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Monday, April 9 • 10:45am - 11:00am
SYMPOSIA-04: Fine-Scale Elements of the Matrix and the Success of Inter-Patch Movements in Fragmented Landscapes

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AUTHORS: Marcus Vieira*, Manoel Muanis, Jayme Prevedello – Universidade do Estado do Rio de Janeiro, Brazil

ABSTRACT: Inter-patch movements are essential for population dynamics and persistence in fragmented landscapes, and the type of matrix is a strong determinant of inter-patch movements. Less known and explored are the effects of fine-scale elements within a matrix, such as scattered trees, cattle trails, hedgerows, and plantation rows, which may affect movement behavior and orientation of individuals. We reviewed the type of behavioral responses of individuals to fine-scale elements, and investigated how scattered trees and cattle trails affect movement tortuosity - a key attribute determining the success of inter-patch movements – in a Neotropical marsupial, Philander frenatus. Using translocation experiments and VHF telemetry, we compared path tortuosity before and after individuals used scattered trees or cattle trails, and how the amount of cattle trails and scattered trees affected tortuosity of the entire path. We also determined step-by-step habitat selection of individuals along their radio-tracked trajectories at fine scale (pastureland), which included pasture areas with and without scattered trees. Paths were on average 44.8 % more tortuous before than after individuals used individual scattered trees, but tortuosity of the entire path increased as more scattered trees were used, and decreased as more cattle trails were used. Individuals selected areas with scattered trees, which were 3 to 6 times more favored than areas without scattered trees. Areas with cattle trails were selected positively, but with a lower strength of selection compared to areas without trees and without cattle trails. The results demonstrate how fine-scale matrix elements affect the tortuosity of inter-patch movements, and how they may enhance functional connectivity in heterogeneous landscapes. Scattered trees in particular should be studied as potential strategies to increase functional connectivity in fragmented landscapes.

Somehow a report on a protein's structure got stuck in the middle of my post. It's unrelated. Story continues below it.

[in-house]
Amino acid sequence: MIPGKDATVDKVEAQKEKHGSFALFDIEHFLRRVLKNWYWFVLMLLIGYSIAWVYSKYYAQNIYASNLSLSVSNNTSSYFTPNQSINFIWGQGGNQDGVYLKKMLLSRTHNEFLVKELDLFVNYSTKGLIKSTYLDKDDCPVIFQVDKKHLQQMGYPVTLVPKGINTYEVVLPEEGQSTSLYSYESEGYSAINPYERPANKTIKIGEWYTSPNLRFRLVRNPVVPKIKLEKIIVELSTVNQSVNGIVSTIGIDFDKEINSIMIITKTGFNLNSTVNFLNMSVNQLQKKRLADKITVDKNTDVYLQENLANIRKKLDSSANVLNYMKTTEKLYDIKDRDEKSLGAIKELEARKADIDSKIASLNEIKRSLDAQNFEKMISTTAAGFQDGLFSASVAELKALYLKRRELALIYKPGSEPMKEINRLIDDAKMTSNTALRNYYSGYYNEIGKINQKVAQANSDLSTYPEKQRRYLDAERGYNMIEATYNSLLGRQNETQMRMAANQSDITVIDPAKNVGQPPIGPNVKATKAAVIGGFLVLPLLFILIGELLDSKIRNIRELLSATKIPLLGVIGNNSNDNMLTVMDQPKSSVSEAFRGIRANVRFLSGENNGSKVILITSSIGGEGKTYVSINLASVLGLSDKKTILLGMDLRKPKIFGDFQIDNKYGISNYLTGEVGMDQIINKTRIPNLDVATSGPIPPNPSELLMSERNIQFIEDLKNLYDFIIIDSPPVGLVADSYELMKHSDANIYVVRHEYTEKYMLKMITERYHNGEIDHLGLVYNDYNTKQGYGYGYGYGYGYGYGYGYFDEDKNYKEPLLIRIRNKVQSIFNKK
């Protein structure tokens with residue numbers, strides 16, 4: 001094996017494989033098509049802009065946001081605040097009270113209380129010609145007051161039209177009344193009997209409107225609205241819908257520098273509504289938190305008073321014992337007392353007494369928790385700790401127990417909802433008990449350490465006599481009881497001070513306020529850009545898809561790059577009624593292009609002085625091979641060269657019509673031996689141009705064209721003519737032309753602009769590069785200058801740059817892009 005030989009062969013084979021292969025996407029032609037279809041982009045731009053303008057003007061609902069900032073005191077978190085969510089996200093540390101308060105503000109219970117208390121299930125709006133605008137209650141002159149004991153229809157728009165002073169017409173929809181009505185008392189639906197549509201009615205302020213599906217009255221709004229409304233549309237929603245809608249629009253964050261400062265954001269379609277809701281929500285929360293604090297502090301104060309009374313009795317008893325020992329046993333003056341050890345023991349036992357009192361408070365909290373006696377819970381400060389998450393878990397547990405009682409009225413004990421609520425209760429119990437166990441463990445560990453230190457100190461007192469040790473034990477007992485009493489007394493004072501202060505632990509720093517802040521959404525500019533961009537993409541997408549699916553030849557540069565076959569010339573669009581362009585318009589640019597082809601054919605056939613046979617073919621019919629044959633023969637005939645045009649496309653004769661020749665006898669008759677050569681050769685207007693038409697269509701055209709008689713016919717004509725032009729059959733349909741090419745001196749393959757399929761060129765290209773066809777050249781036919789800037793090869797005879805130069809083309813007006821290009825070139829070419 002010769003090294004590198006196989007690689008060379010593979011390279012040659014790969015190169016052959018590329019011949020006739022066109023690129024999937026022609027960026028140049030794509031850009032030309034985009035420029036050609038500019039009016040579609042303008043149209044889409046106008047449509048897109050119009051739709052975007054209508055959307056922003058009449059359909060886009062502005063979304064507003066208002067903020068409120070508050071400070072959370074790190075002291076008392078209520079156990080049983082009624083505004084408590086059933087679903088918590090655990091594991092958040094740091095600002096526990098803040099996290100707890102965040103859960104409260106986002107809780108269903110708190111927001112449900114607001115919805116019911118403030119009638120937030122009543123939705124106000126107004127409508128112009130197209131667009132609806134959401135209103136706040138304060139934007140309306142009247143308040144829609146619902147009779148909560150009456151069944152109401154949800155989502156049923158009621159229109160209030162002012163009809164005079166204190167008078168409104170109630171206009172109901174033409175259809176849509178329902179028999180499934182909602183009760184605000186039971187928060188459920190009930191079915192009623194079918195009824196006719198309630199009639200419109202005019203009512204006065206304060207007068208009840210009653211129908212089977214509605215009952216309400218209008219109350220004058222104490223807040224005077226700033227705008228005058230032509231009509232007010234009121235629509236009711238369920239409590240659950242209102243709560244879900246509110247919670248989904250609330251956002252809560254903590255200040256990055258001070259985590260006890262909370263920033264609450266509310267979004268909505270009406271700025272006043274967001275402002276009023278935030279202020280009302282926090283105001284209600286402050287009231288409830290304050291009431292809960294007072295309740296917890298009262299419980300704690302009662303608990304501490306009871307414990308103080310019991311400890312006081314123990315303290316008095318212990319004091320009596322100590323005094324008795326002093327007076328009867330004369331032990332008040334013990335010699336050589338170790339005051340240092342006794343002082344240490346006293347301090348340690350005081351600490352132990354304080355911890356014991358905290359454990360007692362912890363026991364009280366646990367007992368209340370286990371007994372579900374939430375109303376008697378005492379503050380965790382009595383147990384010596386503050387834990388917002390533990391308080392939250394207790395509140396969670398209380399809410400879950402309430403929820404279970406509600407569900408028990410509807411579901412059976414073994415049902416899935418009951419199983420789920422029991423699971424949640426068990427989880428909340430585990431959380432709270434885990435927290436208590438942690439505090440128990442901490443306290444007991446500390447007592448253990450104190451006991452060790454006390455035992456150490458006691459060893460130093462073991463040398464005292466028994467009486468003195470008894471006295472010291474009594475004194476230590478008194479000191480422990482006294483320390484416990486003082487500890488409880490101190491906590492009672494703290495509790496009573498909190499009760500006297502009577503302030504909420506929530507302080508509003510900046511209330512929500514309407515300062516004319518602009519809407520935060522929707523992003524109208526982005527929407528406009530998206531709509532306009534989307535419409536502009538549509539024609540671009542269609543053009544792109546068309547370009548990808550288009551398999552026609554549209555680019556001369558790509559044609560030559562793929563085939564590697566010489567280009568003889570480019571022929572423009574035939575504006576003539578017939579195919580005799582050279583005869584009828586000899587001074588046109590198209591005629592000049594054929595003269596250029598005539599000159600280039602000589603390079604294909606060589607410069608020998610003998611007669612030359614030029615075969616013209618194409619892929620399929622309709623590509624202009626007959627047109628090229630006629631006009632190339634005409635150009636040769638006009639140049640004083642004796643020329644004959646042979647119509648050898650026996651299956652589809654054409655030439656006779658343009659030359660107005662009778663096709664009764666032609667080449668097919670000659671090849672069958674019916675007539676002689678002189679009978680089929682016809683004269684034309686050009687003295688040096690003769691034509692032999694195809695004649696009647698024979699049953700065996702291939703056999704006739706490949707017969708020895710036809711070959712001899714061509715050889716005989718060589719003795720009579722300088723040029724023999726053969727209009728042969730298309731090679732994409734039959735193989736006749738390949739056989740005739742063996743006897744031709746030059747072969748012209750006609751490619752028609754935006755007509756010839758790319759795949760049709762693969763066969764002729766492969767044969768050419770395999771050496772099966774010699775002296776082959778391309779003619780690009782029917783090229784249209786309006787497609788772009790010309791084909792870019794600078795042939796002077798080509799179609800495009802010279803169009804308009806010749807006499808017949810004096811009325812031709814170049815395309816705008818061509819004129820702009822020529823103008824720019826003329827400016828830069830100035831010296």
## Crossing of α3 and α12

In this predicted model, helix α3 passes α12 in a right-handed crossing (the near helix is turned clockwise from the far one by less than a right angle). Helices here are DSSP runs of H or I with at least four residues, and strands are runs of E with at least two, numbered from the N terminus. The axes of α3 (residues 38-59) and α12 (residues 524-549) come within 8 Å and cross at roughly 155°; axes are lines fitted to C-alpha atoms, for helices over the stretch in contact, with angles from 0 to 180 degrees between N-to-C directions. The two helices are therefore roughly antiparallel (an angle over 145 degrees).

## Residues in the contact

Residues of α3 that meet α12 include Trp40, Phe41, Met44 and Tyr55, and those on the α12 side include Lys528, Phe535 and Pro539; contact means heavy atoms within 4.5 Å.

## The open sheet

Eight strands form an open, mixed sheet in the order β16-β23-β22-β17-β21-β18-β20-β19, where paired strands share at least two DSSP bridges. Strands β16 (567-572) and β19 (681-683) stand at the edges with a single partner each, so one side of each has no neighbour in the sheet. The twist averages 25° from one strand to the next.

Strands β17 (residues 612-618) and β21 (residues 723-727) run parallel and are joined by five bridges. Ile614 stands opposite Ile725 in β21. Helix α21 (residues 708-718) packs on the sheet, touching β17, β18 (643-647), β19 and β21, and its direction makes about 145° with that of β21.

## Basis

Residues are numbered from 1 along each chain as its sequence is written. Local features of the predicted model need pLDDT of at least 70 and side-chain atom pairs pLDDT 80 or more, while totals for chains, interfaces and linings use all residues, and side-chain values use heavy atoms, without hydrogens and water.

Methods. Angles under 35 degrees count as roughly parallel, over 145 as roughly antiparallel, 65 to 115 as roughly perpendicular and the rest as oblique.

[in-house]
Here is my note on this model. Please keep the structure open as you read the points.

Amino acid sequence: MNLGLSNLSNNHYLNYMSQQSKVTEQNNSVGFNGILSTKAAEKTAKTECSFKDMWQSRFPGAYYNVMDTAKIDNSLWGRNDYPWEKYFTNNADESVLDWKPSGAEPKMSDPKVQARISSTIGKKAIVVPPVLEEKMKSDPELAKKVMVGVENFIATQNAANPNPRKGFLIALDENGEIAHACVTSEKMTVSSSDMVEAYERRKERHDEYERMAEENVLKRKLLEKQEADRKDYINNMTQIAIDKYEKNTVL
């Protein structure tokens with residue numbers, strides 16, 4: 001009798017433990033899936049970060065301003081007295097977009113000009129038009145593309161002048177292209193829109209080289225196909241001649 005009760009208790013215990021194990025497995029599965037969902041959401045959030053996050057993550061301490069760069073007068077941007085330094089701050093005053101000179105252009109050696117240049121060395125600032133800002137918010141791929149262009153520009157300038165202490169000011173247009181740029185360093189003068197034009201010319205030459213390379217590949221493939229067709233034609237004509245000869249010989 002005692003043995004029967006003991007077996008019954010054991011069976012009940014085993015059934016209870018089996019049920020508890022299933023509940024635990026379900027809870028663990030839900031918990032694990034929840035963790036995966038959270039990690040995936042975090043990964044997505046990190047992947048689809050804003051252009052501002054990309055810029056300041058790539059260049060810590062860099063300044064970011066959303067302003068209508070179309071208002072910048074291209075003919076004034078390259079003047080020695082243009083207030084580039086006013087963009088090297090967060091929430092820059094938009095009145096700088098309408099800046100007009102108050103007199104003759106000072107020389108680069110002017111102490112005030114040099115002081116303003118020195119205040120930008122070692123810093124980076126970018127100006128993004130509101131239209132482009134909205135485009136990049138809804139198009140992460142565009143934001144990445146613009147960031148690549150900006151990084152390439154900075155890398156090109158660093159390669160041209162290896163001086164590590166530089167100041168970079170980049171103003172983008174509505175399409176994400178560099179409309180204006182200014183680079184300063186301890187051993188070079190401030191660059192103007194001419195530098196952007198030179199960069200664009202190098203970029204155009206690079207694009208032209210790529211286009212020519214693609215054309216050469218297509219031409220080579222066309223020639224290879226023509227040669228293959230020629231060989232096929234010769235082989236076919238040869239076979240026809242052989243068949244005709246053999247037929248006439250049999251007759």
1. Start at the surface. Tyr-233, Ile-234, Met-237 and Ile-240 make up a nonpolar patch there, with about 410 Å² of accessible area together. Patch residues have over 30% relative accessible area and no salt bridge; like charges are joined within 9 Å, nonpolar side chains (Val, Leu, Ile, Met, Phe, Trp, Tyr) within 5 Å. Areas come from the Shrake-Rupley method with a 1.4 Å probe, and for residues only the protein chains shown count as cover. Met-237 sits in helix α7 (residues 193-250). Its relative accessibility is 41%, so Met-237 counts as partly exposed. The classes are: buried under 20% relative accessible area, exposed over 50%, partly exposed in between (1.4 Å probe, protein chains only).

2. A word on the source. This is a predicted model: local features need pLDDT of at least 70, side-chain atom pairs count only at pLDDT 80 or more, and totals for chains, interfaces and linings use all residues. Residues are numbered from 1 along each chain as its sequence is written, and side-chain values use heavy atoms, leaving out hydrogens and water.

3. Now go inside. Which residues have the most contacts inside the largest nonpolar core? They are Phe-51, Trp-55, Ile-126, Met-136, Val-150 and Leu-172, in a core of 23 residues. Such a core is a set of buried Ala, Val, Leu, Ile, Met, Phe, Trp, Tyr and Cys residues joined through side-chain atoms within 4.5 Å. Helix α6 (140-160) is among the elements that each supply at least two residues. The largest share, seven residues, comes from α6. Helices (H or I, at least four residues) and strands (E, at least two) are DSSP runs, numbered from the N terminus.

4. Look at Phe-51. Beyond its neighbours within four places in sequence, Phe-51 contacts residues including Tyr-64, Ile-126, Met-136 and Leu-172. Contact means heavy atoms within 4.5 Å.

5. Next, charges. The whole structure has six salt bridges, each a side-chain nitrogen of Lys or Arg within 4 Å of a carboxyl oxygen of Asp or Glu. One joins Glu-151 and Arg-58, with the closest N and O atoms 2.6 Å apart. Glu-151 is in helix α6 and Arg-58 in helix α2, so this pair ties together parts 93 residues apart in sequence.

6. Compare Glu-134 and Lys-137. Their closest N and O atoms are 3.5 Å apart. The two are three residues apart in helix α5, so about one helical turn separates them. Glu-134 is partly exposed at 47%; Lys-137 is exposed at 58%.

Monday April 9, 2018 10:45am - 11:00am
Adams Room

Attendees (15)